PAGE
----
Top tip: Make available high-quality texts (picture books / short novels / poetry / manga / illustrated non-fiction) that will encourage EAL learners to read for pleasure, and allow them to choose reading material that appeals to them.
Research into reading, e.g. Holden 2004, indicates that it provides a gateway into personal, social and economic development. It has been suggested that literacy will become increasingly important as the 21st century progresses (Moore et al 1999). There is also research evidence that competent readers are better at acquiring new vocabulary through their reading, for example Holly and Joseph (2018).
A focus on reading for meaning rather than simply decoding is important for EAL learners. Research suggests that EAL learners tend to have greater phonological awareness than their peers and often demonstrate good decoding skills in English, but score less well in reading comprehension measures (Murphy and Franco 2016). This suggests that attention to phonics should not take place in isolation from activities that promote vocabulary building, meaning-making and comprehension (Edwards 2013). Reading builds on oral language competence and so learning to read requires making links between the language and the writing system (Abbot, 2013). This means that reading and writing tasks should focus on words and phrases that the learner already knows in English.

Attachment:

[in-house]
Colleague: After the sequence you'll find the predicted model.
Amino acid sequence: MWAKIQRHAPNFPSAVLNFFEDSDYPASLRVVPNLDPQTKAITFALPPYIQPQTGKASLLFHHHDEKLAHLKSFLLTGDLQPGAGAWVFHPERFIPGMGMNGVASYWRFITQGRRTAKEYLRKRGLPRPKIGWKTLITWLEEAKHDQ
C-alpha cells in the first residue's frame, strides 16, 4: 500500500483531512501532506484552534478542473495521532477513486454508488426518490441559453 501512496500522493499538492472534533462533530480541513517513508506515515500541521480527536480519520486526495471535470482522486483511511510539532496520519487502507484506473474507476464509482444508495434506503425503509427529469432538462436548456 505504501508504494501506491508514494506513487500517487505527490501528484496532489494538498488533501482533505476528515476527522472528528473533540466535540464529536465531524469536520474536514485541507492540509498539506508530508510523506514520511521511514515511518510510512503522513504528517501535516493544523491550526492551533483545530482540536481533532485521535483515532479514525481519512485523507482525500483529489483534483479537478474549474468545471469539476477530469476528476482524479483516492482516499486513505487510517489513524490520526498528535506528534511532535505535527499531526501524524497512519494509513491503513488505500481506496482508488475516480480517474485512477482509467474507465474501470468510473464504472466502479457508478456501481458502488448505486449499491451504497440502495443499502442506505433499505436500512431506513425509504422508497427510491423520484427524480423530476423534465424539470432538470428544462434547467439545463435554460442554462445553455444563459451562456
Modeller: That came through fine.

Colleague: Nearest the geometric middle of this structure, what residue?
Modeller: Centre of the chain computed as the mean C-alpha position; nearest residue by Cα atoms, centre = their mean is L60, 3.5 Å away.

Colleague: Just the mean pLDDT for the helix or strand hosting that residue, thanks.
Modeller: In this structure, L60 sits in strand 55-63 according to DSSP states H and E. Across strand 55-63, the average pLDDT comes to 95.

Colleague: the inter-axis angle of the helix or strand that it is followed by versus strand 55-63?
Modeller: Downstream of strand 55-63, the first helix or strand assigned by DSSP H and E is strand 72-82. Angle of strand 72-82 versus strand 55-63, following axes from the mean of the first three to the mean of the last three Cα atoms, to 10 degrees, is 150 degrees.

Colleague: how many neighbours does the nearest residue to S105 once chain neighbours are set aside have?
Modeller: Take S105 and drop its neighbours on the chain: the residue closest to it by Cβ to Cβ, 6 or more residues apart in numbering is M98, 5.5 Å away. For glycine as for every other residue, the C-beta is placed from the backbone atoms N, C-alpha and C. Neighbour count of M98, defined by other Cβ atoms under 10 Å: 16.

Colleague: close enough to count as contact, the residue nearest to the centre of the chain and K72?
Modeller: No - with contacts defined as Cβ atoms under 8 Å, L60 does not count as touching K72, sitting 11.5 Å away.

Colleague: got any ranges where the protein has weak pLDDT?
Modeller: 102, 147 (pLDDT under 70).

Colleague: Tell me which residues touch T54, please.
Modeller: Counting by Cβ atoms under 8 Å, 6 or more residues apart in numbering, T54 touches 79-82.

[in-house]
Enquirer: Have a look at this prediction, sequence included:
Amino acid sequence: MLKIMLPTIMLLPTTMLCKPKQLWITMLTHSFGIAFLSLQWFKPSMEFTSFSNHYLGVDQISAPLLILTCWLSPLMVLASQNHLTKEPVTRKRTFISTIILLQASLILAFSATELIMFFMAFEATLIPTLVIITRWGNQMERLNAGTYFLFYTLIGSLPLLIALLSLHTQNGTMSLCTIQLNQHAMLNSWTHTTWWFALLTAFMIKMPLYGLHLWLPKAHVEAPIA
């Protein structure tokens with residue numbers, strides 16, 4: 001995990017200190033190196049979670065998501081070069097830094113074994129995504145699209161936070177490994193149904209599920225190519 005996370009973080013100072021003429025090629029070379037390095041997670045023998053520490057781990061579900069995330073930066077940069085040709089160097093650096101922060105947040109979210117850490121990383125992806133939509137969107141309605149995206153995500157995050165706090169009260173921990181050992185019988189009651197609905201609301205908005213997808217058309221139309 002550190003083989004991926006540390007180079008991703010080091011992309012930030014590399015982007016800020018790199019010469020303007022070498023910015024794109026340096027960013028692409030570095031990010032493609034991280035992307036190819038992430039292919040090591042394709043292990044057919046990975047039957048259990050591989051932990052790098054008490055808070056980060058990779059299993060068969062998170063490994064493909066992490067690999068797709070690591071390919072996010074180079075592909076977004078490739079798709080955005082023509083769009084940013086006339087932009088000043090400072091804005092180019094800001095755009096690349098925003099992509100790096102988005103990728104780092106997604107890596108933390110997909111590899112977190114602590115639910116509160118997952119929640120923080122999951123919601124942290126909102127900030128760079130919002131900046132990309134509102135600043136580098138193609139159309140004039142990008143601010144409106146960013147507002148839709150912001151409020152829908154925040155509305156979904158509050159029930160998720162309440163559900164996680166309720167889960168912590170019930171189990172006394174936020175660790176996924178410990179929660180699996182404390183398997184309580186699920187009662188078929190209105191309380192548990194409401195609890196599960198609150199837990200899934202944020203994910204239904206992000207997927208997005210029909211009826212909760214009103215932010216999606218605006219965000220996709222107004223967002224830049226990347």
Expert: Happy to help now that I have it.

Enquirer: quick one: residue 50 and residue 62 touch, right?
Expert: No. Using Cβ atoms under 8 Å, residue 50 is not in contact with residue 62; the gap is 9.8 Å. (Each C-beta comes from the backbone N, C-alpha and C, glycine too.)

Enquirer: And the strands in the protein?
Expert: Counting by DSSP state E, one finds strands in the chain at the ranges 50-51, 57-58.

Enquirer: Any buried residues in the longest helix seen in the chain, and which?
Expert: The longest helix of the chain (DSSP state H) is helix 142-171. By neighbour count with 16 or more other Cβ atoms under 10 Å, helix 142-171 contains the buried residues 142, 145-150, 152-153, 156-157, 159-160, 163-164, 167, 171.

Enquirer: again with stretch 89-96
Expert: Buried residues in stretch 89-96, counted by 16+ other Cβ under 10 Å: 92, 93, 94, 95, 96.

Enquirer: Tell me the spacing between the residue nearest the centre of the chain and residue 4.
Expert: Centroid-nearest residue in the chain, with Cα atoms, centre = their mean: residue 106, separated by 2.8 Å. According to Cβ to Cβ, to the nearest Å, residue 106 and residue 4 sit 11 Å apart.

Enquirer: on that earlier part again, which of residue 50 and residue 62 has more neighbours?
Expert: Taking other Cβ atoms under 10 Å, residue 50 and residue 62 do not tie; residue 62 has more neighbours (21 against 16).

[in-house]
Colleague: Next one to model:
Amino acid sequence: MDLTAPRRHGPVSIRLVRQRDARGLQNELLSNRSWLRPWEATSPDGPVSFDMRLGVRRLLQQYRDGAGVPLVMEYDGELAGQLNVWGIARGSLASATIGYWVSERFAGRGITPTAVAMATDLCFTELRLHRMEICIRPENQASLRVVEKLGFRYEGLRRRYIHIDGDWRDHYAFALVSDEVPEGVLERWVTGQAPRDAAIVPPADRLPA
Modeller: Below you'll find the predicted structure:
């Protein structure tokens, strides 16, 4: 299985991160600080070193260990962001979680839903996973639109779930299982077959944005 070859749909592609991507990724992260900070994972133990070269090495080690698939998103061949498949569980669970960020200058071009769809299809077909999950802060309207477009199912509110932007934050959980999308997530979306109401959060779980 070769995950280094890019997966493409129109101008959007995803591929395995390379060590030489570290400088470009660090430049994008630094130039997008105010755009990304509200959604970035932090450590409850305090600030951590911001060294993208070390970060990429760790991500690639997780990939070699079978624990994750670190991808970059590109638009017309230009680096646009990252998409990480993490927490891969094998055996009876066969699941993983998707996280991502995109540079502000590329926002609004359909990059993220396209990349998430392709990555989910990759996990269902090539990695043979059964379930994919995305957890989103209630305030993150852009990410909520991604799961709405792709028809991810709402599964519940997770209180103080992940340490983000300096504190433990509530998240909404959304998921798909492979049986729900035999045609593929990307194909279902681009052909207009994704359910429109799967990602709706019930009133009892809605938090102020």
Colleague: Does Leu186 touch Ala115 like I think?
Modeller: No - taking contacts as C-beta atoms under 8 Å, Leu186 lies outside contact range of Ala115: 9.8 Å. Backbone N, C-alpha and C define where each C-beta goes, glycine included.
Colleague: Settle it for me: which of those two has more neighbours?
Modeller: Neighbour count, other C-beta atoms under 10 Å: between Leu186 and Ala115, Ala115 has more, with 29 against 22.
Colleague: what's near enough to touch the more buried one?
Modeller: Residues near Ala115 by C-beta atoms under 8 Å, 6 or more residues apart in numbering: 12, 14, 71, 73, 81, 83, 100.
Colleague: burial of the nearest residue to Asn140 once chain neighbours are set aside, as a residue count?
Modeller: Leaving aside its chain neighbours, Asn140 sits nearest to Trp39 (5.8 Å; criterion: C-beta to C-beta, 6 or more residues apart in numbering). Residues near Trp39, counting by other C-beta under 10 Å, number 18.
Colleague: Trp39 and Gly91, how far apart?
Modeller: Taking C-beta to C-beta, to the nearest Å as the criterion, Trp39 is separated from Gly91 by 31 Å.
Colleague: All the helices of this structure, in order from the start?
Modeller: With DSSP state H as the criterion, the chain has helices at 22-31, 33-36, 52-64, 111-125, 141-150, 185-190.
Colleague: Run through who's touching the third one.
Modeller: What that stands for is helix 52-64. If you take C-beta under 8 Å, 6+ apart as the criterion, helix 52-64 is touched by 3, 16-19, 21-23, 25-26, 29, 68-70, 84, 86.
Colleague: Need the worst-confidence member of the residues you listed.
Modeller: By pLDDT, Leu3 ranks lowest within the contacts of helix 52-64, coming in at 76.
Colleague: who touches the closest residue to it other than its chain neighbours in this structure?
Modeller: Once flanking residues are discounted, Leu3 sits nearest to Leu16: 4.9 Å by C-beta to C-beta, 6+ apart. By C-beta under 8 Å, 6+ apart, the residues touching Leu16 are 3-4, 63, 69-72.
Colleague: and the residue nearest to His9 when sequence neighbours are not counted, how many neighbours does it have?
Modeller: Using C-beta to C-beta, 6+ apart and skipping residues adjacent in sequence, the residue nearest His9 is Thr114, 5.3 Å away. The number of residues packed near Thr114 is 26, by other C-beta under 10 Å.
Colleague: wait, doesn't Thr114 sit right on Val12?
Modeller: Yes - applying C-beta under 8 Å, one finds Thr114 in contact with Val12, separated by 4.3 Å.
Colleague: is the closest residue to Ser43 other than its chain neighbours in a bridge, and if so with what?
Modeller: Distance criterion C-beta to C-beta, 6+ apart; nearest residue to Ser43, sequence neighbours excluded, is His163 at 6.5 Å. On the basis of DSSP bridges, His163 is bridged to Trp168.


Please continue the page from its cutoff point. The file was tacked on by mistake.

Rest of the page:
Reading in groups and pairs is a way of exposing EAL learners to peers who can provide good models of reading with expression, and this can increase enjoyment of reading. Krashen (1993) also found that being given a choice of reading matter increases the motivation of learners and leads to greater language and literacy development.
Abbot, M. 2013, What makes reading difficult for EAL students? NALDIC Quarterly Vol. 13 No. 1 pp5-14.
Edwards, V., 2013, The politics of phonics, implications for bilingual learners, NALDIC Quarterly Vol. 13 No. 1 pp15-20.
Holden, J., 2004, Creative Reading. London: Demos.
Joseph, H. and Nation, K., 2018, Examining incidental word learning during reading in children: the role or context. Journal of Experimental Child Psychology, 166. 190-211.
Krashen, S., 1993, The Power of Reading, Eaglewood, Col.,: Libraries Unlimited Inc.
Moore, D.W., Bean, T.W., Birdyshaw, D. and Rycik, J., 1999, Adolescent Literacy: A position statement, International Reading Association.
Murphy, V. and Franco, D., 2016, Phonics instruction and children with English as an Additional Language, EAL Journal Autumn 2016, 38-42.